·
Premium Member
Joined
·
4,487 Posts
Discussion Starter #5 (Edited)
I think I found what I was looking for

upload_2017-4-21_0-0-8.png
 

·
Premium Member
Joined
·
4,487 Posts
Discussion Starter #6
The fender recomended tube is a 6L6WGC, but I'm actually running the 6L6GC. There is a difference in wattage (4). I guess i should recalculate for the higher voltage?
 

·
Premium Member
Joined
·
4,487 Posts
Discussion Starter #7
On another note I should have paid attention to what Chris took out of the amp. Seller told me all JJ or Groove tubes, turns out there were a few gems in there. A Jan Philips 12at7 which is going back in. And a NOS Mullard 12ax7 made in GB, SO that's going into V2
 

·
Premium Member
Joined
·
1,208 Posts
There is a difference in wattage (4). I guess i should recalculate for the higher voltage?
Your sweating the details too much here. While you can run the GC a little hotter than WGC, the difference is negligible. The calculator is basing the figures on a percentage of maximum dissipation, the GC and WGC are going to work equally well at the WGC bias point. The only differennce being you can push the GC further. Unless you are trying for a less distorted "class A" sound then I wouldn't worry about it.
Ok, so for now, and until I can get in touch with Chris, the voltage required, no matter the brand/strength of tube, I should always aim for 35-40 ma/mv? The tubes that are in there have a rating of 48 and 48.5 So I thought I was supposed to aim for that number on the matched pair. I said 60ma as an example.
35-40ma (per tube) is a good bias point regardless of the tubes used.
The rating on the tube is the amount of current that will flow in the test circuit for a given bias and plate voltage. It will not be real world, and is a number to use only as a matching guideline. This number will vary from supplier to supplier as well since test procedures may differ. As an example, if you bought tubes from Tubestore with a 40 rating, and one died the Tubestore would replace it with one of a similar rating. However if you tried to replace it with one from Tube Depot, that rating would be meaningless to them.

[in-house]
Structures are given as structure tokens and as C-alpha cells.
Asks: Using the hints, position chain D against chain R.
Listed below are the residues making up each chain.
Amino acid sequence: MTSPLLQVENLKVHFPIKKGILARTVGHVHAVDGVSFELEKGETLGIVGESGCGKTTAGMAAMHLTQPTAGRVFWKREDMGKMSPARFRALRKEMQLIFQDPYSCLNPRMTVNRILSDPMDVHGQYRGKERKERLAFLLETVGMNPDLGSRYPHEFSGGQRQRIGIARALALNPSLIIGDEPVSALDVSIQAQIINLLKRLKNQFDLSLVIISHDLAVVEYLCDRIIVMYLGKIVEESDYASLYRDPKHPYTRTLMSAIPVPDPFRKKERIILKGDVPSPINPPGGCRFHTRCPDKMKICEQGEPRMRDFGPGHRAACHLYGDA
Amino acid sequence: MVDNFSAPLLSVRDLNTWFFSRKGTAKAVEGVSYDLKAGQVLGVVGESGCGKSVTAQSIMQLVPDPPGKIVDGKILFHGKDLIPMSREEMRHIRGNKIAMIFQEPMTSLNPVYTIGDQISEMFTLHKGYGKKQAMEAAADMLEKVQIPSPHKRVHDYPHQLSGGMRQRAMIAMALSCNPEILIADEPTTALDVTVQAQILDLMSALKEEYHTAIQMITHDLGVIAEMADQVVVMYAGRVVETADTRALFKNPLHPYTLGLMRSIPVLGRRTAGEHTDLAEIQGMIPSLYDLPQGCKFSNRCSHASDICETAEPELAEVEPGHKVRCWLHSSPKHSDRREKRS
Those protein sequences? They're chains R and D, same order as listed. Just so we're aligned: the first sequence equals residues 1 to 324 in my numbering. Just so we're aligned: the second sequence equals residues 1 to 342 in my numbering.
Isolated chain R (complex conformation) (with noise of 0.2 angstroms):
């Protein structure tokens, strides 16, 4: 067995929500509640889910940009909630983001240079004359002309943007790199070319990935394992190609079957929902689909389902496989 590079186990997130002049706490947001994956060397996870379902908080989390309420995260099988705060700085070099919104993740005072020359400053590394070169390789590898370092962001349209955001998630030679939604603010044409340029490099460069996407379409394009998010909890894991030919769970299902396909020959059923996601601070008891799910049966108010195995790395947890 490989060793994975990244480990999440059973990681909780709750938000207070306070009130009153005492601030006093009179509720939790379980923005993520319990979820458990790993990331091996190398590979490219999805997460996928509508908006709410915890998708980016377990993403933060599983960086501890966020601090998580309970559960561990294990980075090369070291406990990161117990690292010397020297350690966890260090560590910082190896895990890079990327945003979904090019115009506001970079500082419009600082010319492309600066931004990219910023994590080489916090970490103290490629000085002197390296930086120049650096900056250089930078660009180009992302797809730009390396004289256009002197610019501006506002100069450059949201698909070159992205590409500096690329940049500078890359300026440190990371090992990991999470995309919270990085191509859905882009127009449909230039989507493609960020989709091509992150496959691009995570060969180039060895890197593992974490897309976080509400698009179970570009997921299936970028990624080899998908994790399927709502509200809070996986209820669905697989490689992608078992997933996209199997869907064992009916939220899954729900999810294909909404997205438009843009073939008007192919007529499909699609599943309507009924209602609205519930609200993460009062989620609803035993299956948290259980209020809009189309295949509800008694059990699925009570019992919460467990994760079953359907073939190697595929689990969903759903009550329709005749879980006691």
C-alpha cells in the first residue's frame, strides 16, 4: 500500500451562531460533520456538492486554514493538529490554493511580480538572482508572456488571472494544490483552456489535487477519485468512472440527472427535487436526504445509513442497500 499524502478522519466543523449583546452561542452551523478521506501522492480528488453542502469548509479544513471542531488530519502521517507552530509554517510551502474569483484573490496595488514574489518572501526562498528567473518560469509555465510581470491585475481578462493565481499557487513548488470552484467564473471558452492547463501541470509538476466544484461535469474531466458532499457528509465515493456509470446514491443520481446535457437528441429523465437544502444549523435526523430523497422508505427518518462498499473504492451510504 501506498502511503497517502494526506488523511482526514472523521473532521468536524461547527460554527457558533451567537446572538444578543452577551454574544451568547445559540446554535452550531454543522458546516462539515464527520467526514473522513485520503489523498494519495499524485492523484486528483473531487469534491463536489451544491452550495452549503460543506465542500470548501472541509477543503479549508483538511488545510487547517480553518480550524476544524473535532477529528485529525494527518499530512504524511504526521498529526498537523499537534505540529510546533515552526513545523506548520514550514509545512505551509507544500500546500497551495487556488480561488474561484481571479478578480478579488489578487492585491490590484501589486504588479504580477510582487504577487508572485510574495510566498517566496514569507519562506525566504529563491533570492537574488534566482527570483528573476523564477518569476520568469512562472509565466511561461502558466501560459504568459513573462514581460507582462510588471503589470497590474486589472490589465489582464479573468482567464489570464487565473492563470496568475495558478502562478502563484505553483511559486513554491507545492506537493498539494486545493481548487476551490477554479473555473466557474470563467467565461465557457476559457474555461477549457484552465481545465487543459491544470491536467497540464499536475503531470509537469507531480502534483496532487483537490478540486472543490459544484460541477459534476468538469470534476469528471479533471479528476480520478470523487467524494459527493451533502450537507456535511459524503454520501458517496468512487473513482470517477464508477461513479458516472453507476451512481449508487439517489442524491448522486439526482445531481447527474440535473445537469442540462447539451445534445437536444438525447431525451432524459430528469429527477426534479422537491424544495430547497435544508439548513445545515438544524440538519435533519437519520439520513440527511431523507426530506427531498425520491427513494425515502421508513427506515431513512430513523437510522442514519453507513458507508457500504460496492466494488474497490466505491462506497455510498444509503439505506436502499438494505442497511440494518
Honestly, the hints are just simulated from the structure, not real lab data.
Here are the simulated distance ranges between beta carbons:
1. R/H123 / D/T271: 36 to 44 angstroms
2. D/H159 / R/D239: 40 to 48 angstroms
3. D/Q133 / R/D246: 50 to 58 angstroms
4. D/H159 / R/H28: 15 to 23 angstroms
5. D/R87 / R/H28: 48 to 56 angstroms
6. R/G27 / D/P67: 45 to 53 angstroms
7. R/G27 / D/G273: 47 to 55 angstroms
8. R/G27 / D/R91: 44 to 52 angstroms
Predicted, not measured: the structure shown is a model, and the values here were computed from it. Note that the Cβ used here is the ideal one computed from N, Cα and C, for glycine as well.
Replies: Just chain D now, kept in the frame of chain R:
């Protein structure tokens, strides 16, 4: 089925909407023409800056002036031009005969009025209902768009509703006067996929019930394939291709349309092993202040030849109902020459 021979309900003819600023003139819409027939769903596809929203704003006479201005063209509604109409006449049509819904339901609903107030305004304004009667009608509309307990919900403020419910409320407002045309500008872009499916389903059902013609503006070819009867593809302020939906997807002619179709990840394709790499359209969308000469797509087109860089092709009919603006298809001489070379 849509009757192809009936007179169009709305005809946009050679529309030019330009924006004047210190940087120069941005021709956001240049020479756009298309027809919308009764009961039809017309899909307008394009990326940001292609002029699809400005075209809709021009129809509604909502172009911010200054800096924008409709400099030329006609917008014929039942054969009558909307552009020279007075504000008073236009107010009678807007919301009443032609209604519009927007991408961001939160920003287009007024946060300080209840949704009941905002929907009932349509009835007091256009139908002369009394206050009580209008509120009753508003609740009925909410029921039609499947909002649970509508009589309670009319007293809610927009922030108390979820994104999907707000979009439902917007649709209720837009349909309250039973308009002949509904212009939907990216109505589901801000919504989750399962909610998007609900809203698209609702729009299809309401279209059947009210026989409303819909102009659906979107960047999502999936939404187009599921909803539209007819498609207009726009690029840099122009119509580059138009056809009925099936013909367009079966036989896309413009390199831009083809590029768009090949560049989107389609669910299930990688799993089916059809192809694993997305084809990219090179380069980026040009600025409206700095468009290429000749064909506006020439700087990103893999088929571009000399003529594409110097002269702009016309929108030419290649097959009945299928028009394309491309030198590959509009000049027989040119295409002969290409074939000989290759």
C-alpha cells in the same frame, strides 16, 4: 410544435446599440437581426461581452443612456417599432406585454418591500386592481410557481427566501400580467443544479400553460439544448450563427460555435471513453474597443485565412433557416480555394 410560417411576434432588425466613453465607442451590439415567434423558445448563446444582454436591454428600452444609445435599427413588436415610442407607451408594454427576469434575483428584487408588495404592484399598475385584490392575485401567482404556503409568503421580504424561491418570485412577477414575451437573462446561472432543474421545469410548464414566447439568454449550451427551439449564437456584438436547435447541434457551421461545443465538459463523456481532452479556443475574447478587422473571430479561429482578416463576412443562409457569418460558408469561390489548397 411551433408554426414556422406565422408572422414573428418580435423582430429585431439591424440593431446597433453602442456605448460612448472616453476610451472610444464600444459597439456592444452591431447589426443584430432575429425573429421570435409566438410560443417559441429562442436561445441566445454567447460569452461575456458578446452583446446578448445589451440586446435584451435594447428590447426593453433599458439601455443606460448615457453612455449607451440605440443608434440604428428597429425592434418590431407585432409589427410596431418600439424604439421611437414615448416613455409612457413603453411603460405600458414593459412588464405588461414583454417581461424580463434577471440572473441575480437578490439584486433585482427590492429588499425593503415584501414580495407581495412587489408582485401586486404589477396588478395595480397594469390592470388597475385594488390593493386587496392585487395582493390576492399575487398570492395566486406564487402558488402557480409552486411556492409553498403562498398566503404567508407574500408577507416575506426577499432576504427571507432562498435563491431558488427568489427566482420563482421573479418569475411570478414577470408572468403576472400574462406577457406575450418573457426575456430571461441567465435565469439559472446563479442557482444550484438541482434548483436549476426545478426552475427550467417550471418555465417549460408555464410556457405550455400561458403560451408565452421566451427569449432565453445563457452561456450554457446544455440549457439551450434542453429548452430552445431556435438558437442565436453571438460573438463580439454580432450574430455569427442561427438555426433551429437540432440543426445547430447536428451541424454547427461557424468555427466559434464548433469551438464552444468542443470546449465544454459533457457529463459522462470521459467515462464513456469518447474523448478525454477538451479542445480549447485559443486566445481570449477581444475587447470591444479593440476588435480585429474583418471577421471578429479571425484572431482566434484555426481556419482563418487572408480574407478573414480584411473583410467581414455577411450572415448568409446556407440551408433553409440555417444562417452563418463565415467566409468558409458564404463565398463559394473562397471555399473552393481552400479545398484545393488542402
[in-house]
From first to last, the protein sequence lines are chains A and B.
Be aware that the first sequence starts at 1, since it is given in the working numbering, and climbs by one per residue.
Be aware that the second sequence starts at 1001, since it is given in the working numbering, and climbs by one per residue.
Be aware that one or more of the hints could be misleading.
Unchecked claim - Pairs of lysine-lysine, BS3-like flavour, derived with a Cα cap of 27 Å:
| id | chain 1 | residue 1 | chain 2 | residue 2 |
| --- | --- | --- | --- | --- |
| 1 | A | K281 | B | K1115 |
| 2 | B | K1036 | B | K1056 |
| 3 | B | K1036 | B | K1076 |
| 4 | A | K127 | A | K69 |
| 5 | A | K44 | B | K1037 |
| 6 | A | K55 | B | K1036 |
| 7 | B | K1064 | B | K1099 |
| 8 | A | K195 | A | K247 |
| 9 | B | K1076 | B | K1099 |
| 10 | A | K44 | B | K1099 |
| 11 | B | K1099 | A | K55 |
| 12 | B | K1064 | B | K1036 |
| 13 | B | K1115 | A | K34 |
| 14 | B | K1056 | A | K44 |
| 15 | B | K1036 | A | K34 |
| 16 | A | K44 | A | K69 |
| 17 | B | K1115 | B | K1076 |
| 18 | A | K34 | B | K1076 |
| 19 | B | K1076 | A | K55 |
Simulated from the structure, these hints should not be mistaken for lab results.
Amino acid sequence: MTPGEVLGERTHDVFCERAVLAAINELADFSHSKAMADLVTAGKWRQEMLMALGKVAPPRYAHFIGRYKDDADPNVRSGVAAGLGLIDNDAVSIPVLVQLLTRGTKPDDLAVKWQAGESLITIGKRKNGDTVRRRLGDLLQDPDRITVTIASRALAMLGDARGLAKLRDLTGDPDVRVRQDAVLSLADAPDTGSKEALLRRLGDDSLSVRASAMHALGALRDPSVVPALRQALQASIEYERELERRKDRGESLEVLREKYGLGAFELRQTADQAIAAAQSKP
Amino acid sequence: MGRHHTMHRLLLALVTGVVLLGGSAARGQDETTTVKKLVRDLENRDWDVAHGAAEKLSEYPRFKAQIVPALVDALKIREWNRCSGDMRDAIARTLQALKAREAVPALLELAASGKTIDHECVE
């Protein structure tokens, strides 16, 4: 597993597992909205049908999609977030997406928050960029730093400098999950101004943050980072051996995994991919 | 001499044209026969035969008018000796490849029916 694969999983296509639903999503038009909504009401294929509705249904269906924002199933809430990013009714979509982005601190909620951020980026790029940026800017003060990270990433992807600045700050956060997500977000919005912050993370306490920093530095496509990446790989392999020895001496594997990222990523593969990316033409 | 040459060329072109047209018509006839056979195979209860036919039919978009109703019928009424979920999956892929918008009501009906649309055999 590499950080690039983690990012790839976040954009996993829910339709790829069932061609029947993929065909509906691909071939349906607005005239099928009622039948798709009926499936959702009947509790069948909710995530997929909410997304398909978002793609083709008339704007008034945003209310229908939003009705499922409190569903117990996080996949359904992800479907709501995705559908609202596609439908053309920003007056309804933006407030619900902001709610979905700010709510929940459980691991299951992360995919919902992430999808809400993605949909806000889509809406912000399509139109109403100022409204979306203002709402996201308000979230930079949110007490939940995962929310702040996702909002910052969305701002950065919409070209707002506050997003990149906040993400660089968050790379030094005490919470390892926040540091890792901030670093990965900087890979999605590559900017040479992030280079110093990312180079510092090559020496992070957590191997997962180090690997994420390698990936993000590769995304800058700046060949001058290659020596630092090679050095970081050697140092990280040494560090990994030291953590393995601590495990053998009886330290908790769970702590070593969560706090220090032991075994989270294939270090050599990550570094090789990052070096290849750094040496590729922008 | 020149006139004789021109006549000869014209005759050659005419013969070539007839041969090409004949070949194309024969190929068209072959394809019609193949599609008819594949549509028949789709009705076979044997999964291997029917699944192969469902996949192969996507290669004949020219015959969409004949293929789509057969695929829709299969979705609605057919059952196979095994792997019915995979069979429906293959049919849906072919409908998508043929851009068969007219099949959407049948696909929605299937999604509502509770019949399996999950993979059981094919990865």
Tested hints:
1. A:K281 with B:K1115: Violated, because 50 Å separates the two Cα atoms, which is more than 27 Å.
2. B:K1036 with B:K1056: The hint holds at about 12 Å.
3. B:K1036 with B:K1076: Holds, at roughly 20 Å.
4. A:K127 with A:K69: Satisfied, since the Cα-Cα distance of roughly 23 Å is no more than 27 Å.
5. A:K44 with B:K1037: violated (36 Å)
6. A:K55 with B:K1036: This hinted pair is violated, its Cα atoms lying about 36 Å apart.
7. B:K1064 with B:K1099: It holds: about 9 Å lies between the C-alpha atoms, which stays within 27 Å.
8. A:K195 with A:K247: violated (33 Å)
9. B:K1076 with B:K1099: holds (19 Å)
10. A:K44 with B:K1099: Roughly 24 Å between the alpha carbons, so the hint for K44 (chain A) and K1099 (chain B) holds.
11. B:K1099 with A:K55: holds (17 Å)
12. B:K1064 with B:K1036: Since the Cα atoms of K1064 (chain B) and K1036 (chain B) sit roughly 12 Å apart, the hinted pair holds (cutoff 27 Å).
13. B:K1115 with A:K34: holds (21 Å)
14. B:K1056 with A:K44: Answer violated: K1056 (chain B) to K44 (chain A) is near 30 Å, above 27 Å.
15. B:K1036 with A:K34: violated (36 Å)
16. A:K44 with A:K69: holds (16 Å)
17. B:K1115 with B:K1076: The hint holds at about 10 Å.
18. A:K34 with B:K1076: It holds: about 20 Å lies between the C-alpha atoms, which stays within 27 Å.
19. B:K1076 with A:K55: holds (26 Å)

·
Premium Member
Joined
·
4,487 Posts
Discussion Starter #9
ok, I think I have figured it out. There is one pot which has ten full rotations. And there is a black and a red test port. Took a few tries because I forgot the pedal was unplugged, so turning reverb and tremolo off didn't work. I realized my mistake when I was putting it all together. Plugged the pedal in turned off reverb and dialed in at 80ma.
I was at work, and I couldn't remember which tubes were the power tubes, so I looked it up. But when I got home and looked at the tube label there inside the amp there was no W . Just 6L6GC
 
  • Like
Reactions: loudtubeamps

·
Registered
Joined
·
1,447 Posts
Once you have contacted Chris on how to monitor your current draw on the o/p tubes with your multi-meter ....(m.a.) or most likely m.v. and u get them into that 35-45 range, I would suggest a fine tweak by ear.With the amp warmed up, running and tone/volume controls set to mid points, plug your guitar in , let a low note sustain and do a fine clockwise/counter clockwise adjust on your bias control, you should hear a sweet spot where the bottom end opens up. After the tweak, check you bias reading again with the amp at idle /no guitar ,to be sure you are not exceeding the high side of current draw.